Top stories in higher ed for Wednesday
Lumina Foundation is committed to increasing the proportion of Americans with high-quality degrees, certificates and other credentials to 60 percent by 2025.
May 16, 2018
Pioneering College for Adults Struggles in Middle Age
Doug Lederman, Inside Higher Ed
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Excelsior College, founded to help adults complete degrees online, staggers after curtailing its biggest program over quality concerns. Administrators say "repositioning" is working, but a more competitive market awaits.
One Day, Two Students: What College Looks Like From Opposite Ends of the Income Gap
Rachel Kurzius and Harrison Smith, The Washington Post
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Students who go to a four-year college right after high school, live on campus, and don't work or need loans are increasingly rare.

To capture a more representative snapshot of what college looks like today, The Washington Post recently shadowed two undergraduate students on the same day in April: a commuter at the University of Maryland Baltimore County and a sophomore at George Washington University.

Why the Lumina Foundation Is Betting Big on New Kinds of Credentials
Jeffrey R. Young, EdSurge
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A college degree isn't the only path to meaningful work. In fact, these days it seems like there are more kinds of credentials than ever, some with trademarked names like Nanodegrees and MicroMasters.  

EdSurge recently met with Lumina Foundation's Courtney Brown to discuss the future of credentials, what counts as high quality, and how students and employers can sort through the many new options available.
Rising College Rates Spur Hispanic Progress in Higher Education
Kelly Field, The Hechinger Report/PBS NewsHour
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Between 2000 and 2015, the college-going rate among Hispanic high school graduates grew from 22 to 37 percent, according to the U.S. Department of Education. Hispanic undergraduate enrollment more than doubled, to 3 million. More than a quarter of young Hispanics—28 percent—now have at least an associate degree, up from 15 percent in 2000.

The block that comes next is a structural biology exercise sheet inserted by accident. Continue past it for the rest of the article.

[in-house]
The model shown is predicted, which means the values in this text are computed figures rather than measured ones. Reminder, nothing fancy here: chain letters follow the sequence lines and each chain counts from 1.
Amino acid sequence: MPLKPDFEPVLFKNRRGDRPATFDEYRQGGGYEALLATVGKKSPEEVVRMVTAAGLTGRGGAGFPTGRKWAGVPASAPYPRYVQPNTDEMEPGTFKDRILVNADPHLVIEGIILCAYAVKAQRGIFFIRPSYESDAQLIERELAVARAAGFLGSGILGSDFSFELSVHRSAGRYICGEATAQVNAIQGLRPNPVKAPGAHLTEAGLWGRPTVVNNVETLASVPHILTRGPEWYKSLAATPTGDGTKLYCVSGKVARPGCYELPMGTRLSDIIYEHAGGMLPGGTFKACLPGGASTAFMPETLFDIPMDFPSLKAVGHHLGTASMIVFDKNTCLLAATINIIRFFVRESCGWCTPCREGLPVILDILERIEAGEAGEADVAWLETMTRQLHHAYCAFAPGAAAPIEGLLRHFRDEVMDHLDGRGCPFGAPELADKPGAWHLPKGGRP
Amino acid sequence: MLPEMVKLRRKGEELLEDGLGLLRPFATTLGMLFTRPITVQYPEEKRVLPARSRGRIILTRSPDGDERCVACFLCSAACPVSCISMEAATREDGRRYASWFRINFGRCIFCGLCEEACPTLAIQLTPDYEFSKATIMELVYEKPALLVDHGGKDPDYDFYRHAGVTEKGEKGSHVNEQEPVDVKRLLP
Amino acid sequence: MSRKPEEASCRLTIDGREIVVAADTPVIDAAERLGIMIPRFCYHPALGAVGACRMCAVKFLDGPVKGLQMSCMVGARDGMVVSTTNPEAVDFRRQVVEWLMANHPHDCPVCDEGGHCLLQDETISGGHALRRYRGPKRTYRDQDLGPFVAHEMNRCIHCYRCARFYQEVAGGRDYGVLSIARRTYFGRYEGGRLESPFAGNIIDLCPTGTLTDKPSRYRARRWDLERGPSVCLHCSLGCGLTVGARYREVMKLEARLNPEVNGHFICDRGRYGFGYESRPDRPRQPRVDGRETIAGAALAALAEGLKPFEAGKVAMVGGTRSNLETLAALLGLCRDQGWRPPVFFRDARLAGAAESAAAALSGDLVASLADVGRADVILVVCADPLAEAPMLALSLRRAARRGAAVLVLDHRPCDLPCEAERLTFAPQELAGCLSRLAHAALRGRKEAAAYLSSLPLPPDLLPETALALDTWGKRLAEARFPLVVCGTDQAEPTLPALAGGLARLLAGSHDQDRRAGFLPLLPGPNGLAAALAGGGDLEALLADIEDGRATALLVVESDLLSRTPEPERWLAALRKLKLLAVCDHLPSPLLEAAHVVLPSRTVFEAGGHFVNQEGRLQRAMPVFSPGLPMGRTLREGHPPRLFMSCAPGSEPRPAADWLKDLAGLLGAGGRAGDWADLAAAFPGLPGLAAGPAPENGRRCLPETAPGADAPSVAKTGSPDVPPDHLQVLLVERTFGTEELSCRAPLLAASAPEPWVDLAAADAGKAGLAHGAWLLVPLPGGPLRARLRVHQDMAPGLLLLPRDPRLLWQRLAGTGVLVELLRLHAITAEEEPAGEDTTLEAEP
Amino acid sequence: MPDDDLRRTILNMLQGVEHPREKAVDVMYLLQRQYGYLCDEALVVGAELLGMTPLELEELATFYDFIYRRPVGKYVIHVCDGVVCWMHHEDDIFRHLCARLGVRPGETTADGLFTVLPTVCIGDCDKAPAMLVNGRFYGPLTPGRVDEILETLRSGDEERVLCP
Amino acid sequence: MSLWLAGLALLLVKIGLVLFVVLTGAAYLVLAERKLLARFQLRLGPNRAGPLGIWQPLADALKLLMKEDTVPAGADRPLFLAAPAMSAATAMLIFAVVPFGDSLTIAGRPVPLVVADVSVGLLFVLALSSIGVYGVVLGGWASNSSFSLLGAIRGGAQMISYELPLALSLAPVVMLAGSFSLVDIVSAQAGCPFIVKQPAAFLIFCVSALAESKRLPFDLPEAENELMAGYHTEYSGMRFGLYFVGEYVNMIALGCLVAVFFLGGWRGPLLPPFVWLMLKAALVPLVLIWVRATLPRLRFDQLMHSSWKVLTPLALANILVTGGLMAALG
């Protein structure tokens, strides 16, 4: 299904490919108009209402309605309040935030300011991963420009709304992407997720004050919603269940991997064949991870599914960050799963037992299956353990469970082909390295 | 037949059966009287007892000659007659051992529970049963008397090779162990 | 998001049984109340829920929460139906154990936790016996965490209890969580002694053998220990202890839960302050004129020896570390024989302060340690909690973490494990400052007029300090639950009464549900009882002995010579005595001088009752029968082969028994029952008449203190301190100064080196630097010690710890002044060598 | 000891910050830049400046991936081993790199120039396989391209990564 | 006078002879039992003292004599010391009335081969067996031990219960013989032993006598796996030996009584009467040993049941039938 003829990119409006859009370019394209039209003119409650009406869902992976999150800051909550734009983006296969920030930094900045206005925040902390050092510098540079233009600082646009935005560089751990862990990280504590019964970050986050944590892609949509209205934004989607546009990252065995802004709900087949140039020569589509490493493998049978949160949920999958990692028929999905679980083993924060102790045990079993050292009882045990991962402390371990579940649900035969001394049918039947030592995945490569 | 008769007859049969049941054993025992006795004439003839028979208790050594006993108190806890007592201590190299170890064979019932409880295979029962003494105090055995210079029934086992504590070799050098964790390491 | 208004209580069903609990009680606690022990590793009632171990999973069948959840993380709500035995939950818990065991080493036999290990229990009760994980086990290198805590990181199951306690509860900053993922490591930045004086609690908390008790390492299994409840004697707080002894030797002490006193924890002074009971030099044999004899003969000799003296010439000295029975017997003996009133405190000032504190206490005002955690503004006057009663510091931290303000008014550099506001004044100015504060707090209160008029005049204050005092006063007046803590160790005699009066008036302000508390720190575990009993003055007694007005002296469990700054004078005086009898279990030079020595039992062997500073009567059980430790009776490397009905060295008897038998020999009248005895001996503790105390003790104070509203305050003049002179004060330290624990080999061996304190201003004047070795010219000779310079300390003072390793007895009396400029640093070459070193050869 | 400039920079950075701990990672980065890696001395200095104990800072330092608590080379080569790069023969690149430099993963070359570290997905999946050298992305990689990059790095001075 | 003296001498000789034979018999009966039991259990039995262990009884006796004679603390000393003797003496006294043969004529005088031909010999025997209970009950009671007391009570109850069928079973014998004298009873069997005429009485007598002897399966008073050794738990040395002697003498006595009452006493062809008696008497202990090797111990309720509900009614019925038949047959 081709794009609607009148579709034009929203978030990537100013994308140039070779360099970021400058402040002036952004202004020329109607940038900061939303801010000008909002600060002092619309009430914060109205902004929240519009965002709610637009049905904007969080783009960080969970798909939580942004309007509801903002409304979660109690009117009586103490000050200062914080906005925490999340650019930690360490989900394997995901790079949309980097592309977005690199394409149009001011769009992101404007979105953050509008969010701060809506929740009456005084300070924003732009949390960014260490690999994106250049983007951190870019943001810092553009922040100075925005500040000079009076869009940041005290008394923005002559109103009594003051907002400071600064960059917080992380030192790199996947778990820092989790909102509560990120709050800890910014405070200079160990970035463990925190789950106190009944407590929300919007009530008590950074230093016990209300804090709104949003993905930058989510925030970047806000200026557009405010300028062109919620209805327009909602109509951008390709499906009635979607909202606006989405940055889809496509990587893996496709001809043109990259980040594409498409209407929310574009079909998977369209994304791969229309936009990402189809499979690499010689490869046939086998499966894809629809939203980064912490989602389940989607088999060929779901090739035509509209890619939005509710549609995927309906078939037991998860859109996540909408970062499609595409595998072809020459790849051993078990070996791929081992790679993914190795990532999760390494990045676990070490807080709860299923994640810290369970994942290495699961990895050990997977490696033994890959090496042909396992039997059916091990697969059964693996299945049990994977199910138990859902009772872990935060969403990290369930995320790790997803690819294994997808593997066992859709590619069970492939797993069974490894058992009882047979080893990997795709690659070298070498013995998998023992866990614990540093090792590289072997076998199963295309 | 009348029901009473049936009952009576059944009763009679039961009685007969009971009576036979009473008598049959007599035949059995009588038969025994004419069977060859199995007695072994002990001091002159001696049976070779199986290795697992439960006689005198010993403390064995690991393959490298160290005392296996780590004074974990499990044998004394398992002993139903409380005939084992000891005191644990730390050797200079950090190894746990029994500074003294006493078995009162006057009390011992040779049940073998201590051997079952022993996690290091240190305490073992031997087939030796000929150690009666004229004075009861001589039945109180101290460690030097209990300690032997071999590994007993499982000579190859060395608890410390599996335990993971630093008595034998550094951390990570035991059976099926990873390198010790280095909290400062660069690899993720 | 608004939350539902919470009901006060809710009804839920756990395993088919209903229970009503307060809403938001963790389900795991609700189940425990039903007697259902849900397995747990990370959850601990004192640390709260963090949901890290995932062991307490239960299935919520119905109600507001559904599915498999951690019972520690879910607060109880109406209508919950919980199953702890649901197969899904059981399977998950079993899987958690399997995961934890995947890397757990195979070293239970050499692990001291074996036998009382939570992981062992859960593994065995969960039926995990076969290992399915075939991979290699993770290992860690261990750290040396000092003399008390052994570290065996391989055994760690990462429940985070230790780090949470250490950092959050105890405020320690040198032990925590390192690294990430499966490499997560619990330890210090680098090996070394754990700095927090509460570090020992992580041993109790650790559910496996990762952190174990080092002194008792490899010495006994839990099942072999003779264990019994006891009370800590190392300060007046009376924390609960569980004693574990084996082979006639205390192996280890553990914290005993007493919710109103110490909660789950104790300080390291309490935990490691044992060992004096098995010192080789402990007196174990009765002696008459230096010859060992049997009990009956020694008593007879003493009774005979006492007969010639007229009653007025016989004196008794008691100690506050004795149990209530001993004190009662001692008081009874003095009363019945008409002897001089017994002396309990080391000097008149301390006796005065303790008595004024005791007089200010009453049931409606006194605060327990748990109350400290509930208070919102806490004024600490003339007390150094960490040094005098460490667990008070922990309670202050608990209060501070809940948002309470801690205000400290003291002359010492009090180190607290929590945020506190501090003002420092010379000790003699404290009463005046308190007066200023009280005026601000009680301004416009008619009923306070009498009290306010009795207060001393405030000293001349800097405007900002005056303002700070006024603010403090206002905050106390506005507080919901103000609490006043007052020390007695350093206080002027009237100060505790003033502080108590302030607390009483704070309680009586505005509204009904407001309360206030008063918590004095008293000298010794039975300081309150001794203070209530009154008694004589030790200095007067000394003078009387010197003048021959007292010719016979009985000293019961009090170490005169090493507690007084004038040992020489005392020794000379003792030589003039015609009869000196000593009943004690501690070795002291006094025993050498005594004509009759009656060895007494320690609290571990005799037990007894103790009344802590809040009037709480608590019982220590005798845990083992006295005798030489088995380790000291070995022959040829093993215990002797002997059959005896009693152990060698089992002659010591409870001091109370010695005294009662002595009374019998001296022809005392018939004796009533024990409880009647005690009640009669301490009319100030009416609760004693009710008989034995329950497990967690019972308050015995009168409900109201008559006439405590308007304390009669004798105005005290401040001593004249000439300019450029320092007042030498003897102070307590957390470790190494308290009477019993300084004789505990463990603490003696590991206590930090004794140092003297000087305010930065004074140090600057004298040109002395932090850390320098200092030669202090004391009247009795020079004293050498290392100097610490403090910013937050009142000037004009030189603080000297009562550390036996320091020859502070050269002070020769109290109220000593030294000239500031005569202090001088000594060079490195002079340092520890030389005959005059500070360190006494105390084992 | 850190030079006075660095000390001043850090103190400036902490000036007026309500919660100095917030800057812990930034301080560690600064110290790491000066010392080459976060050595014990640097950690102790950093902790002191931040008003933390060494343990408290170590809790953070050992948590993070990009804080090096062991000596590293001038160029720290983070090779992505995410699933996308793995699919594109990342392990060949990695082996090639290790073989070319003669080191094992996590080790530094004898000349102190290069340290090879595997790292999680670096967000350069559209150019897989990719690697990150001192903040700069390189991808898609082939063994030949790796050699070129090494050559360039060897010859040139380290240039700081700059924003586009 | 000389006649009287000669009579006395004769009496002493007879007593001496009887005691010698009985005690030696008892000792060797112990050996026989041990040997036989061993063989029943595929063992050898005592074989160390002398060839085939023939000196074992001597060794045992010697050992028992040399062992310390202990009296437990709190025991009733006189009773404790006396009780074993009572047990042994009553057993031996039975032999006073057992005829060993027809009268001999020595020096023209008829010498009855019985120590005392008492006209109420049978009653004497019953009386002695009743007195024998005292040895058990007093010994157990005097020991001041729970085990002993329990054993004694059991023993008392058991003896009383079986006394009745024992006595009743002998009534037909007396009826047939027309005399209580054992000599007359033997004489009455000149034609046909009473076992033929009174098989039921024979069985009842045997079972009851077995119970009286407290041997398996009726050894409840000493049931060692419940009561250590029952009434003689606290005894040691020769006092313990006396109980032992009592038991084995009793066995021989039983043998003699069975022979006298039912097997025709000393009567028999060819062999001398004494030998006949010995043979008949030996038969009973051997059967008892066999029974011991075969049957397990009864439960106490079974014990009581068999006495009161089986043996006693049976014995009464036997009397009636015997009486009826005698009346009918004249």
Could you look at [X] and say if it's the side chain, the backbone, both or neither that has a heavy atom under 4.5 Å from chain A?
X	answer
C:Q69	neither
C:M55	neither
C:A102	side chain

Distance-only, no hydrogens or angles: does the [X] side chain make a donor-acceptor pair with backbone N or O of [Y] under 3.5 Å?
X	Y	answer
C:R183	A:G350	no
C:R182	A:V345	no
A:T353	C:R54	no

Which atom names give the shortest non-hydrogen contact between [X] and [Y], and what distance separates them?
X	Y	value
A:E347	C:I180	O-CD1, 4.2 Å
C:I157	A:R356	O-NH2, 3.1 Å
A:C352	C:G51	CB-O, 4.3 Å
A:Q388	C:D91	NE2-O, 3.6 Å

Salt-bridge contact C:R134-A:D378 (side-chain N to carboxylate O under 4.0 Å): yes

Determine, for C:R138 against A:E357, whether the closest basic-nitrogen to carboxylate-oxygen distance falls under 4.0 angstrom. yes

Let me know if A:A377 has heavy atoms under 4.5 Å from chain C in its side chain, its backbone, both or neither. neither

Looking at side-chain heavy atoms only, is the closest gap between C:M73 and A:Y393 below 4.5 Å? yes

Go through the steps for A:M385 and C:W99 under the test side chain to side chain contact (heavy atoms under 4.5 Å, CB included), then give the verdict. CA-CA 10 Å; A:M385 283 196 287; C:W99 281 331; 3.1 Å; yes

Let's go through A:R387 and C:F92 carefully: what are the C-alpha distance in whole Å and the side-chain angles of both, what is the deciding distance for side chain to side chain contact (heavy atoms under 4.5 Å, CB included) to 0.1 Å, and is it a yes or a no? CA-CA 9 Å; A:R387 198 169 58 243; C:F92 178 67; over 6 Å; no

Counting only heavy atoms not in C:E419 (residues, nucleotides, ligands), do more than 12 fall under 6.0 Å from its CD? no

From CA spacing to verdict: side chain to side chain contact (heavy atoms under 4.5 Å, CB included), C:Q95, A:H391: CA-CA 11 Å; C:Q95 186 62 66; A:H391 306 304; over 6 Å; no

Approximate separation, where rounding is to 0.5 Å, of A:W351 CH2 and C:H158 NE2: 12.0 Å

This growth has compelled colleges to pay more attention to lingering achievement gaps between their white and Hispanic students. Institutions like Salem State University, whose student body went from five to 14 percent Hispanic over the past decade, are adding Latino leadership programs, hiring more diverse faculty, and expanding their cultural programming.

Building a Stronger Workforce Requires a Cooperative, Collective Approach
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Philadelphia Mayor Jim Kenney says a strong, skilled workforce is dependent on data-driven programs and long-term career pathways.

As part of its new workforce strategy, the city launched the Model Employer campaign to recognize and support businesses that promote career advancement through such practices as tuition assistance programs, on-the-job training opportunities that lead to industry-recognized credentials, and apprenticeship programs.
A Seat at the Table
Paul Fain, Inside Higher Ed
National Urban League Annual Report Highlights STEM Gap, Student Debt
Aina Hunter, Diverse Issues in Higher Education
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